} catch (IOException e) {
        e.printStackTrace();
      }
      theOutput = "Send Keywords";
      state = UPLOAD_KEYWORDS;
    } else if (state == UPLOAD_KEYWORDS) {
      if (theInput != "Sending Keywords") {
        // TODO: Throw a state exception with a message
        return "exit";
      }
      // TODO: Add code to get keyword arraylist and upload information to
      // the database
      theOutput = "exit";
    }
    return theOutput;
}
  • 3
    What are you expecting to happen? Your code contains no way for the client to stop the server from continuing to wait for more data. So the server keeps waiting forever. (When you designed the protocol you used to communicate between these two programs, two questions you should have answered were "How will the client tell the server that it has the entire file?" and "How will the server know that it has the entire file?") Perhaps you meant to close the connection in the client? – David Schwartz Nov 15 '12 at 12:18
  • 1
    @GagandeepBali There's no explicit buffering, so the only buffering is the Nagle's algorithm, which doesn't introduce a long delay. – John Dvorak Nov 15 '12 at 12:22
  • 1
    You said the client put the entire file into the buffer. The next thing it needs to do is communicate to the server that is has done that somehow. It looks like you intended to do this by closing the socket. However, you have no way to know whether the server has read the whole file or not. Was the idea that the client would try to close the connection while the server might still be reading data? (Did you actually design a protocol? Because you should have worked out these issues before writing any code.) – David Schwartz Nov 15 '12 at 12:35
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    (i * readData) is wrong for a total. You need to keep a running total of the bytes as each read could return a different amount. – Brian White Nov 15 '12 at 12:45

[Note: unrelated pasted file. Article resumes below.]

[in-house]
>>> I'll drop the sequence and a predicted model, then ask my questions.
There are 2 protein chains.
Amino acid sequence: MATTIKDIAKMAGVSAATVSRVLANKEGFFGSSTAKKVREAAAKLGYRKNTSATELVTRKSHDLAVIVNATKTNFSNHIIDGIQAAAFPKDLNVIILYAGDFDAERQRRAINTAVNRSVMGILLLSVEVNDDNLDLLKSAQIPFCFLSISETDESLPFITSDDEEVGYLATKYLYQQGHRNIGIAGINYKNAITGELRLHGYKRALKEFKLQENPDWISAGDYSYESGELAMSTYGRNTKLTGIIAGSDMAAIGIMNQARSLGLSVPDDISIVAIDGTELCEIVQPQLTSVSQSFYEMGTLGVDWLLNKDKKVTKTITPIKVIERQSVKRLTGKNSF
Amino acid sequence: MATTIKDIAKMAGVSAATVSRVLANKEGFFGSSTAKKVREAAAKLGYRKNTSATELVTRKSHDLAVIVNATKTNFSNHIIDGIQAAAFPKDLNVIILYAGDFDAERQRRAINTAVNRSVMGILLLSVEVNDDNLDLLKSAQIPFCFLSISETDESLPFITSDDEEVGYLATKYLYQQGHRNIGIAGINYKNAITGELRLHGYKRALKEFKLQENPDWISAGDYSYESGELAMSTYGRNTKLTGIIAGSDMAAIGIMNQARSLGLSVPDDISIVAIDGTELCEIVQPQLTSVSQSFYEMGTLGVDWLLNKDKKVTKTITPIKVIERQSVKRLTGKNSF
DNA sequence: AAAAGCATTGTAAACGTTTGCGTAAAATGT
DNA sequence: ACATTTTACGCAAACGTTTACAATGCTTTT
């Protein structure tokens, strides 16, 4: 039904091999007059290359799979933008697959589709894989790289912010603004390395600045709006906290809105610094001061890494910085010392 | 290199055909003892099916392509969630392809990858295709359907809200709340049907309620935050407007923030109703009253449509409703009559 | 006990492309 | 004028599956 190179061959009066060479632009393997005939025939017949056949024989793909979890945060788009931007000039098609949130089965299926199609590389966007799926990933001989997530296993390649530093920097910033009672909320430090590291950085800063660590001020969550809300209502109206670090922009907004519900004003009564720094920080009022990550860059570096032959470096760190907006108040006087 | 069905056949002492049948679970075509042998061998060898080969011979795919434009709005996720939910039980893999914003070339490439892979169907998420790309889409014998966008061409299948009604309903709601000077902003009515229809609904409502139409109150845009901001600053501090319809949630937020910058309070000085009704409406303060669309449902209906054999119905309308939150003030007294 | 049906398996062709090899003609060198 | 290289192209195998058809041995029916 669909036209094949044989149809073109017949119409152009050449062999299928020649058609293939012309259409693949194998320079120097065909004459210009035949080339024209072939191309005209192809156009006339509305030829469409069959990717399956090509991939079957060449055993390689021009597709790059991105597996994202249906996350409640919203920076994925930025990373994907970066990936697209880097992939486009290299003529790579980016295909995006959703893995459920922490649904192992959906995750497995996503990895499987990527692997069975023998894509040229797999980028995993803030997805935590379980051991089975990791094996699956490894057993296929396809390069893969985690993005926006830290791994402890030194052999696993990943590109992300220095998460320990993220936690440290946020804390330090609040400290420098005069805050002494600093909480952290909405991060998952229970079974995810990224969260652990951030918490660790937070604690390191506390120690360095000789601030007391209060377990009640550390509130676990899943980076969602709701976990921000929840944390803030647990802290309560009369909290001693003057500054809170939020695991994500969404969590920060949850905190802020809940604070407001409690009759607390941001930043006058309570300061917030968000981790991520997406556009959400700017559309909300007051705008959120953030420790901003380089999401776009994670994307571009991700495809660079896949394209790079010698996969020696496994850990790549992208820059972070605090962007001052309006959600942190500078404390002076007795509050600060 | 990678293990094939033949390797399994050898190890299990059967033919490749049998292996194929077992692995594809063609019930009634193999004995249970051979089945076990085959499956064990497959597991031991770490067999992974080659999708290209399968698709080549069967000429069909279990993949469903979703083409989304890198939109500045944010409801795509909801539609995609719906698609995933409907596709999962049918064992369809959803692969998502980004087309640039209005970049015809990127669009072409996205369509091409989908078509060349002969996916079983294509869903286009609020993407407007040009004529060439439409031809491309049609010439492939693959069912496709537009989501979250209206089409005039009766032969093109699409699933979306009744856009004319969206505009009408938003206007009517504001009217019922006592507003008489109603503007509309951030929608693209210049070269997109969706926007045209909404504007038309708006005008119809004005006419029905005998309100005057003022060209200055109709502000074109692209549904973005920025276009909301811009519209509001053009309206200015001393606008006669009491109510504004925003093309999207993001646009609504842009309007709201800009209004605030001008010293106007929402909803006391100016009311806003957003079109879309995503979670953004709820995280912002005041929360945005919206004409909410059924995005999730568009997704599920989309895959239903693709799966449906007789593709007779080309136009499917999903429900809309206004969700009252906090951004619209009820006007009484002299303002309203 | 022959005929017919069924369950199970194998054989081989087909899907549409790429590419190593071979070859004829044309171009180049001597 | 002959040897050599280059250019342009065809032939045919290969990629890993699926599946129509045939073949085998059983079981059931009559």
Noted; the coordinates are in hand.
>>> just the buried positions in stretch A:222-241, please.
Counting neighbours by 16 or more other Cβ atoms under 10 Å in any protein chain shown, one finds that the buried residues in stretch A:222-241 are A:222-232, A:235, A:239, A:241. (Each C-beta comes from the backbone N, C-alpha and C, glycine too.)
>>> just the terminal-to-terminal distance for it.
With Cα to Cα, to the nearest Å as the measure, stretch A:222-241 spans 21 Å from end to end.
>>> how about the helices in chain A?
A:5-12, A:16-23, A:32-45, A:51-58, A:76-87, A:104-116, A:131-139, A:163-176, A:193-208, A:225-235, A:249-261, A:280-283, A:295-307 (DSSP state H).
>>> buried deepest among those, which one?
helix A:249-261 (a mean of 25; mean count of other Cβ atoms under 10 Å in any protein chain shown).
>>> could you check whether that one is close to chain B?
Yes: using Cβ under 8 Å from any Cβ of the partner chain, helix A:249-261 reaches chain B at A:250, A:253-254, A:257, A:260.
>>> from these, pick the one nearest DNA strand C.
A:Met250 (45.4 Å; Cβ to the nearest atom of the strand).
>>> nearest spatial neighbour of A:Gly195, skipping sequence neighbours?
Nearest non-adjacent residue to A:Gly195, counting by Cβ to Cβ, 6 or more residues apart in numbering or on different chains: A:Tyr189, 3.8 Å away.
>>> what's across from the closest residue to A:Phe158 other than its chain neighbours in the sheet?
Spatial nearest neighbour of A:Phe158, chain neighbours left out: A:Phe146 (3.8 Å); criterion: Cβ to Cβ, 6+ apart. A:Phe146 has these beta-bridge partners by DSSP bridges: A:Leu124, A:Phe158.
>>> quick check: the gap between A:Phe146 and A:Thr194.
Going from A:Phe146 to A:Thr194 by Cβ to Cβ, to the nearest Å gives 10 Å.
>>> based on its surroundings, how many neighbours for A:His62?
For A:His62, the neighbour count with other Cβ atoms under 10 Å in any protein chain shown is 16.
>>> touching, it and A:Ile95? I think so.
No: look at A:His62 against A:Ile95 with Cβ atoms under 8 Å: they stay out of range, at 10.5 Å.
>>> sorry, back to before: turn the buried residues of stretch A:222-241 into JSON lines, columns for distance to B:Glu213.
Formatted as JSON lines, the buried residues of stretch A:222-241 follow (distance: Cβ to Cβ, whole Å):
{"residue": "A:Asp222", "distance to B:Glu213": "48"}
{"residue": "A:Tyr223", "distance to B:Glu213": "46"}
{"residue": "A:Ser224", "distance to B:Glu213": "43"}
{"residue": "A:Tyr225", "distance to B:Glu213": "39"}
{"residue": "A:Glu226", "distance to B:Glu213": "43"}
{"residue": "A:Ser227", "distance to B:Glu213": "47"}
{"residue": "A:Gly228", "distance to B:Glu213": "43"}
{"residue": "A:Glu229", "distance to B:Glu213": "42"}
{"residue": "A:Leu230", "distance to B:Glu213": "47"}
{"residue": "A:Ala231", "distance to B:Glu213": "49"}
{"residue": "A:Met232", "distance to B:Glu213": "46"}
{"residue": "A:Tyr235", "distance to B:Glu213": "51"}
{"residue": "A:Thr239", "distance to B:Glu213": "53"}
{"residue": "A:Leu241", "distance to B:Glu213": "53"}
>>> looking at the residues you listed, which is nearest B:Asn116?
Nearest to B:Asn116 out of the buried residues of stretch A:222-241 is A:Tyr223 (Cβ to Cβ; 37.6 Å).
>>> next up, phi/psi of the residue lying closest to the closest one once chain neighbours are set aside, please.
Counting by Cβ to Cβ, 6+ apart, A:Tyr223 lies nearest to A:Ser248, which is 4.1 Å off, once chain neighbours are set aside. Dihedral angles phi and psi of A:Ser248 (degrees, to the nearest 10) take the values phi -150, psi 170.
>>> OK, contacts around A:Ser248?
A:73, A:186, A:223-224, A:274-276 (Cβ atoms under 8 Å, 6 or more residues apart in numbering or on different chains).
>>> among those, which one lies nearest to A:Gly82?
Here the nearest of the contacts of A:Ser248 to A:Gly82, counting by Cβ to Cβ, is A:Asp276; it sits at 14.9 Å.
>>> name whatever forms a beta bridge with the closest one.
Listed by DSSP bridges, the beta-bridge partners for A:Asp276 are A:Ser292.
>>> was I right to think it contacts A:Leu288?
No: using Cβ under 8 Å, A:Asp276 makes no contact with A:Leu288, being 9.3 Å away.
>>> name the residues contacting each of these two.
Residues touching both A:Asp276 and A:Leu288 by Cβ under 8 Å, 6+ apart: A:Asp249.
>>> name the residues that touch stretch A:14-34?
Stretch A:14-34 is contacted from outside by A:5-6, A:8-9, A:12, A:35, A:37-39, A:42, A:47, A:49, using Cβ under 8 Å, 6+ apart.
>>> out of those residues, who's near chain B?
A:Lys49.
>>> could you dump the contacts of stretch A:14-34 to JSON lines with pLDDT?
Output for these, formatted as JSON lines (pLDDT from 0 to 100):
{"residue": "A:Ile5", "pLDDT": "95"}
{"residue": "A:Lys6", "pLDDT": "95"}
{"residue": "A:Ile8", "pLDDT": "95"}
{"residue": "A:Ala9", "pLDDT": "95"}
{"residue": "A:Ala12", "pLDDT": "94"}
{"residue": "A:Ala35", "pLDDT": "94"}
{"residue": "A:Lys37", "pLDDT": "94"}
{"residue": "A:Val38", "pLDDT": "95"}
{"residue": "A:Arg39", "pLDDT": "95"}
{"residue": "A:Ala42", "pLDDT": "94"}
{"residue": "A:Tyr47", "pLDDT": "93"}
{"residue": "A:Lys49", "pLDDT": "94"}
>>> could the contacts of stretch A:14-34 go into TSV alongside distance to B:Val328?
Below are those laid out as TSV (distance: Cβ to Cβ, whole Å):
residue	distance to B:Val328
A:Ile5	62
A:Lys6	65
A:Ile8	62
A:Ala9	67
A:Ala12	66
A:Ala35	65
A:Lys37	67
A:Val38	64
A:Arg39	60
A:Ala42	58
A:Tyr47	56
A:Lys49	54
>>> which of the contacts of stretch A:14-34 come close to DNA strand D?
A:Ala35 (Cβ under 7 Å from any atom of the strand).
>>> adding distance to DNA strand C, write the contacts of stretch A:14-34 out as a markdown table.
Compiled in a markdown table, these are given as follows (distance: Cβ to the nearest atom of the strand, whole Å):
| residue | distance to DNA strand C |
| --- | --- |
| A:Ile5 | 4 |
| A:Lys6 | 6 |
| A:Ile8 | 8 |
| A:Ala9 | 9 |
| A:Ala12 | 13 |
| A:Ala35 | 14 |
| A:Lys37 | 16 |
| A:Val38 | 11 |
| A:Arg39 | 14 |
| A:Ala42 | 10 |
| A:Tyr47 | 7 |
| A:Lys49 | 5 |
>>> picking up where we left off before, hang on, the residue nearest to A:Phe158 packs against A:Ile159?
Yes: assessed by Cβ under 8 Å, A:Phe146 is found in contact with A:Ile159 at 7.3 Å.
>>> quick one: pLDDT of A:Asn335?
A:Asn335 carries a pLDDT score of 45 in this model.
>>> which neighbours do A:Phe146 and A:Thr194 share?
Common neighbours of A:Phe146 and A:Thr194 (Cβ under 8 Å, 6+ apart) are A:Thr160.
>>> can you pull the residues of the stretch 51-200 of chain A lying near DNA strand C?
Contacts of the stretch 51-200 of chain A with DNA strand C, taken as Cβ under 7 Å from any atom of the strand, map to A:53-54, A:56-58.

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    Your protocol doesn't explain how the server knows when it has received the entire file. Your code provides no way for the server to know when it has received the entire file. Somehow, the client has to tell the server when it has received the entire file, either by sending the size of the file or by closing the connection. (Or by negotiating a undirectional shutdown of the TCP connection and then closing it, which is what the first version of HTTP does.) – David Schwartz Nov 15 '12 at 12:45
4

Your server code says this:

      while ((readData = stream.read(buffer)) != -1) {
          System.out.println("start");
          outputStream.write(buffer, 0, readData);
          System.out.println(readData + " " + i + " " + (i * readData));
          i++;
          System.out.println("end while loop");
      }

This keeps reading from the socket until either the socket closes or the server gets an error, there are no other reasons read would return -1. Since neither of these conditions occur, the server stays in this while loop. You simply never wrote any code to handle the end of the file.

If the server knows it's going to read a particular number of bytes, it needs to break out of the while loop when it has read that number of bytes. If the client is going to tell the server that it has finished sending the file by closing the socket or shutting down one direction of the TCP connection, then the client needs code to do that. Otherwise, the server will wait forever.

  • And if the while loop kept running indefinitely I would be able to tell due to both the "start" and "end while loop" print statements repeating over and over again. This does not occur. I have added code for the server to expect the 36556 byte file size and move on after reaching this point. The thing is it never reaches this point it stops at 32768 bytes, as I have said repeatedly, and does nothing more. – JME Nov 15 '12 at 13:21
  • To iterate on my point further. If I change the byte array size to 4096, and have the code set to expect 36556 bytes of data, the while loop still stalls at 32768 bytes. What I am trying to explain is that the code does not crash, but it also does not give me any repeated statements indicative of an infinite loop. Your solution solves for an infinite loop which I have no indication of. – JME Nov 15 '12 at 13:25
  • 1
    It doesn't exit the loop, what more do you need? – David Schwartz Nov 15 '12 at 13:31